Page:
The Asexual Life of Brittle Stars

You may have heard the term “asexual” before.  There are two very different directions you can go with the term “asexual”, either asexual reproduction or asexual orientation.  One of these terms people can be, the other… not so much.  The one we are going to talk about here is asexual reproduction, the one humans cannot do. 

Asexual reproduction in its most general sense, means that a living thing (usually plants but some animals too, like many brittle stars) can create new versions of themselves without having sex (i.e. exchanging sperm and eggs) with another living thing.  The living thing just creates duplicates of itself all on it’s own. 

On the other hand, asexual orientation, the one people can be, means that a person is not sexually attracted to other people.  So, if someone tells you that they are asexual, that doesn’t mean they are going to start popping out duplicates of themself without the assistance of another individual’s contribution.  You should probably still give your friend your support though if they are sharing that with you.  And with that, let’s talk about brittle stars and how a lot of them can reproduce both sexually and asexually.

What is a Brittle Star?

Brittle stars are in the family Echinodermata along with sea stars (starfish), sea urchins, sea cucumbers, sand dollars, and basket stars (1).  Many people have not heard of brittle stars, but many have heard of their starfish cousin, which is more accurately called sea stars as they aren’t fish even though they live in the ocean.  Rather, echinoderms are invertebrates, meaning they have no bones.  Brittle stars are similar to sea stars except they tend to be smaller with thin “brittle” arms.  A cool thing about many echinoderms is, that if they lose a limb, it will grow back (2).  This ability to regrow body parts is also the basis that allows for asexual reproduction.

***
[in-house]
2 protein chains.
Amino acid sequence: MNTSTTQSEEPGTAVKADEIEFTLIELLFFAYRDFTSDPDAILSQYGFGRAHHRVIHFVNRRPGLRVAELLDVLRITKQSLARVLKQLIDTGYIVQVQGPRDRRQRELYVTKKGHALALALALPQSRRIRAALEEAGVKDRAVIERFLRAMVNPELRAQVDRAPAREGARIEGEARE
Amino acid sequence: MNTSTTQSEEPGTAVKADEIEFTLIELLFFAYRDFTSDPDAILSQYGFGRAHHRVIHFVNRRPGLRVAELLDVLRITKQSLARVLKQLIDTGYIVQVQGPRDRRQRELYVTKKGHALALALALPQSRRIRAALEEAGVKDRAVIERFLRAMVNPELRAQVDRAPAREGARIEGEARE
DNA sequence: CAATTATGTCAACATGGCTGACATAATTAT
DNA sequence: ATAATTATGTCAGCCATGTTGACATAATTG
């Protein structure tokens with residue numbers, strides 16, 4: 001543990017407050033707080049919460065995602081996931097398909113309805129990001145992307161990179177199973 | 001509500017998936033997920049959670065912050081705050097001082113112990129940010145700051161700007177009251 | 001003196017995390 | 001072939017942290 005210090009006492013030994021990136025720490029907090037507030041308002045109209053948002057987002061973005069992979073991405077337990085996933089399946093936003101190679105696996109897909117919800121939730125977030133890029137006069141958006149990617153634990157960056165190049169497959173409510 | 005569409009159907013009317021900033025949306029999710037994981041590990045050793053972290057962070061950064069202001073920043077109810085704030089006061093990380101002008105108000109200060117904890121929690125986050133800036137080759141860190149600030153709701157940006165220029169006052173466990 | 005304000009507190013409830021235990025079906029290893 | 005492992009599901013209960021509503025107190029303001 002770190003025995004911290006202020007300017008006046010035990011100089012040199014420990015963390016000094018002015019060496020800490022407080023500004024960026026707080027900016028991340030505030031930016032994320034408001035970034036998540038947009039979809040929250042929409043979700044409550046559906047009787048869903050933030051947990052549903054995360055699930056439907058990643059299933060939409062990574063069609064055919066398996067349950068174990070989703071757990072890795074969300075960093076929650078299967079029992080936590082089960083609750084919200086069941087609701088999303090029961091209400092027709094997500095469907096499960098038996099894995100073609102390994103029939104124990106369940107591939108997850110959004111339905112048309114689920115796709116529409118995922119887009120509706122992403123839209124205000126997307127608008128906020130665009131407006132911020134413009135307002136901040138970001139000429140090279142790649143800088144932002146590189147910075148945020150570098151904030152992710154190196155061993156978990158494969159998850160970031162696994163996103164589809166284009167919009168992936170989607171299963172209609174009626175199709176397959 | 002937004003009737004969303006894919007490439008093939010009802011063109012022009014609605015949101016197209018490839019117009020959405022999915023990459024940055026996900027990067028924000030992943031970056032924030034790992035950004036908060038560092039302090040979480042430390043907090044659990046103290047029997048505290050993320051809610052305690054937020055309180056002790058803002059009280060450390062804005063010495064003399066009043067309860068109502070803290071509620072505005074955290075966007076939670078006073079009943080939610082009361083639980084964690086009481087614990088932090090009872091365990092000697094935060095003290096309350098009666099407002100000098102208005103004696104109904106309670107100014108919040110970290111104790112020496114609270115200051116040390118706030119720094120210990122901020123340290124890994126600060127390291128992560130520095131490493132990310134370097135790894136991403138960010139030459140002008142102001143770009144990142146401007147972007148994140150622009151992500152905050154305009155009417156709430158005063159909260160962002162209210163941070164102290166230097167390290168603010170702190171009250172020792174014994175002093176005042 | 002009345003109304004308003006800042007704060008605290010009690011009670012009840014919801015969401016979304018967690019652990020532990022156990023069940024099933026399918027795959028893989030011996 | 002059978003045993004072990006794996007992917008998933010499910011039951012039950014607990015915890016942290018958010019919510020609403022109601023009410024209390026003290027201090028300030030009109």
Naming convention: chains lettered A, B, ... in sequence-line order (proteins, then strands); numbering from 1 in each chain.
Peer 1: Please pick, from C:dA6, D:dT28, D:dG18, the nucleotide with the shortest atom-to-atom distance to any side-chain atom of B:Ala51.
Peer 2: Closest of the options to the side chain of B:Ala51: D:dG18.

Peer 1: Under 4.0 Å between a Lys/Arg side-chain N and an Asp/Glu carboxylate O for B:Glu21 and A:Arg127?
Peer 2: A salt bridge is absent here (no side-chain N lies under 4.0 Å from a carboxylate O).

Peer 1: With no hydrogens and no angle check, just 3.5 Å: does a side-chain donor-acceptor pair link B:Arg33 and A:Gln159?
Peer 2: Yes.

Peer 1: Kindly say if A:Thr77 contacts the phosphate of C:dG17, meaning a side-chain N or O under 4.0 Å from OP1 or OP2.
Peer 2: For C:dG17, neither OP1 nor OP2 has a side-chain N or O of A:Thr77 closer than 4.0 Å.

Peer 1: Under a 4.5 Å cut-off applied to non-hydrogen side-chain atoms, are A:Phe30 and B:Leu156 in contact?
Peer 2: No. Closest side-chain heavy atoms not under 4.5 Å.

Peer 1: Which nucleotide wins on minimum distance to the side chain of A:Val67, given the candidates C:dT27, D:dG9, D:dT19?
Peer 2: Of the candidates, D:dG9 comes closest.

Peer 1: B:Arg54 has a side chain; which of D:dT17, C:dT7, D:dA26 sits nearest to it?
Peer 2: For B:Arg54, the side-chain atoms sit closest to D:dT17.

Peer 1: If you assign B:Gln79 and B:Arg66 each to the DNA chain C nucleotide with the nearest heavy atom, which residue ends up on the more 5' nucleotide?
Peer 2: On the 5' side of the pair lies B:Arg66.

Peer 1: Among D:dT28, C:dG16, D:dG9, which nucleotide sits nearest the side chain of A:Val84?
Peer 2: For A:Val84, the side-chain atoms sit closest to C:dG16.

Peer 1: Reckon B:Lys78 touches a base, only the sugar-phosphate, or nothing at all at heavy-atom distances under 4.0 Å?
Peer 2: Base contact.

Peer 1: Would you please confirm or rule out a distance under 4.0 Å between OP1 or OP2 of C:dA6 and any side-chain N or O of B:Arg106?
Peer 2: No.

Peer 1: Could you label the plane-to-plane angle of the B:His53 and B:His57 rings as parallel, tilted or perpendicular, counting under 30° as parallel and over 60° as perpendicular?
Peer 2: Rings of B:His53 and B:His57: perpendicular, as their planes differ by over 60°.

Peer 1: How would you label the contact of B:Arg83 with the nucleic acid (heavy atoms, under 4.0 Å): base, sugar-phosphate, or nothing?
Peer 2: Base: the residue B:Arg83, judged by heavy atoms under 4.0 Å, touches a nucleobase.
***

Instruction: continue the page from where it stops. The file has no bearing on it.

Brittle star
A Brittle Star
sea star or starfish
A Seastar, also in the echinoderm family with the brittle star
sea urchin
A Sea Urchin, also in the echinoderm family

Brittle Star Sex

Not only can brittle stars reproduce asexually, but they can also reproduce sexually with another brittle star.  Sexual reproduction in brittle stars occurs similar to many other marine invertebrates.  Males release their sperm into the ocean, females do the same with their eggs.  This method of sexual reproduction is called broadcasting, because the males just release their sperm into the ocean in hope that they find eggs to fertilize all on their own (3).  This is not the only form of sexual reproduction in brittle stars.  Some echinoderms brood their eggs, which means they will guard them either internally or externally until they hatch into larval babies (4).  Broadcasting is the most common sexual reproduction in echinoderms though.  The babies then go through one of my favorite forms of development: metamorphosis.  Although metamorphosis is the same type of development that amphibians go through the process is very different for these very different animals (5).  I will write on echinoderm metamorphosis in a future article.  Spoiler alert, it is very cool!

Reproduction Without Sex

So the moment we’ve been sitting at the edge of our seats for: sex free reproduction in brittle stars, i.e. asexual reproduction!  There are different forms of asexual reproduction and the type the brittle stars do is called fissiparity (3,6,7).  Fissiparity is common among invertebrates that can reproduce asexually, it is different from how plants reproduce asexually.

drawing of brittle star fissiparity
Drawing of a six-armed brittle star going through fissiparity. The first brittle star on the left in blue splits in half, both halves then grow into a new brittle star. The orange part of the brittles stars on the right is showing the new growth for each brittle star while the blue remains to be the original part from the parent brittle star.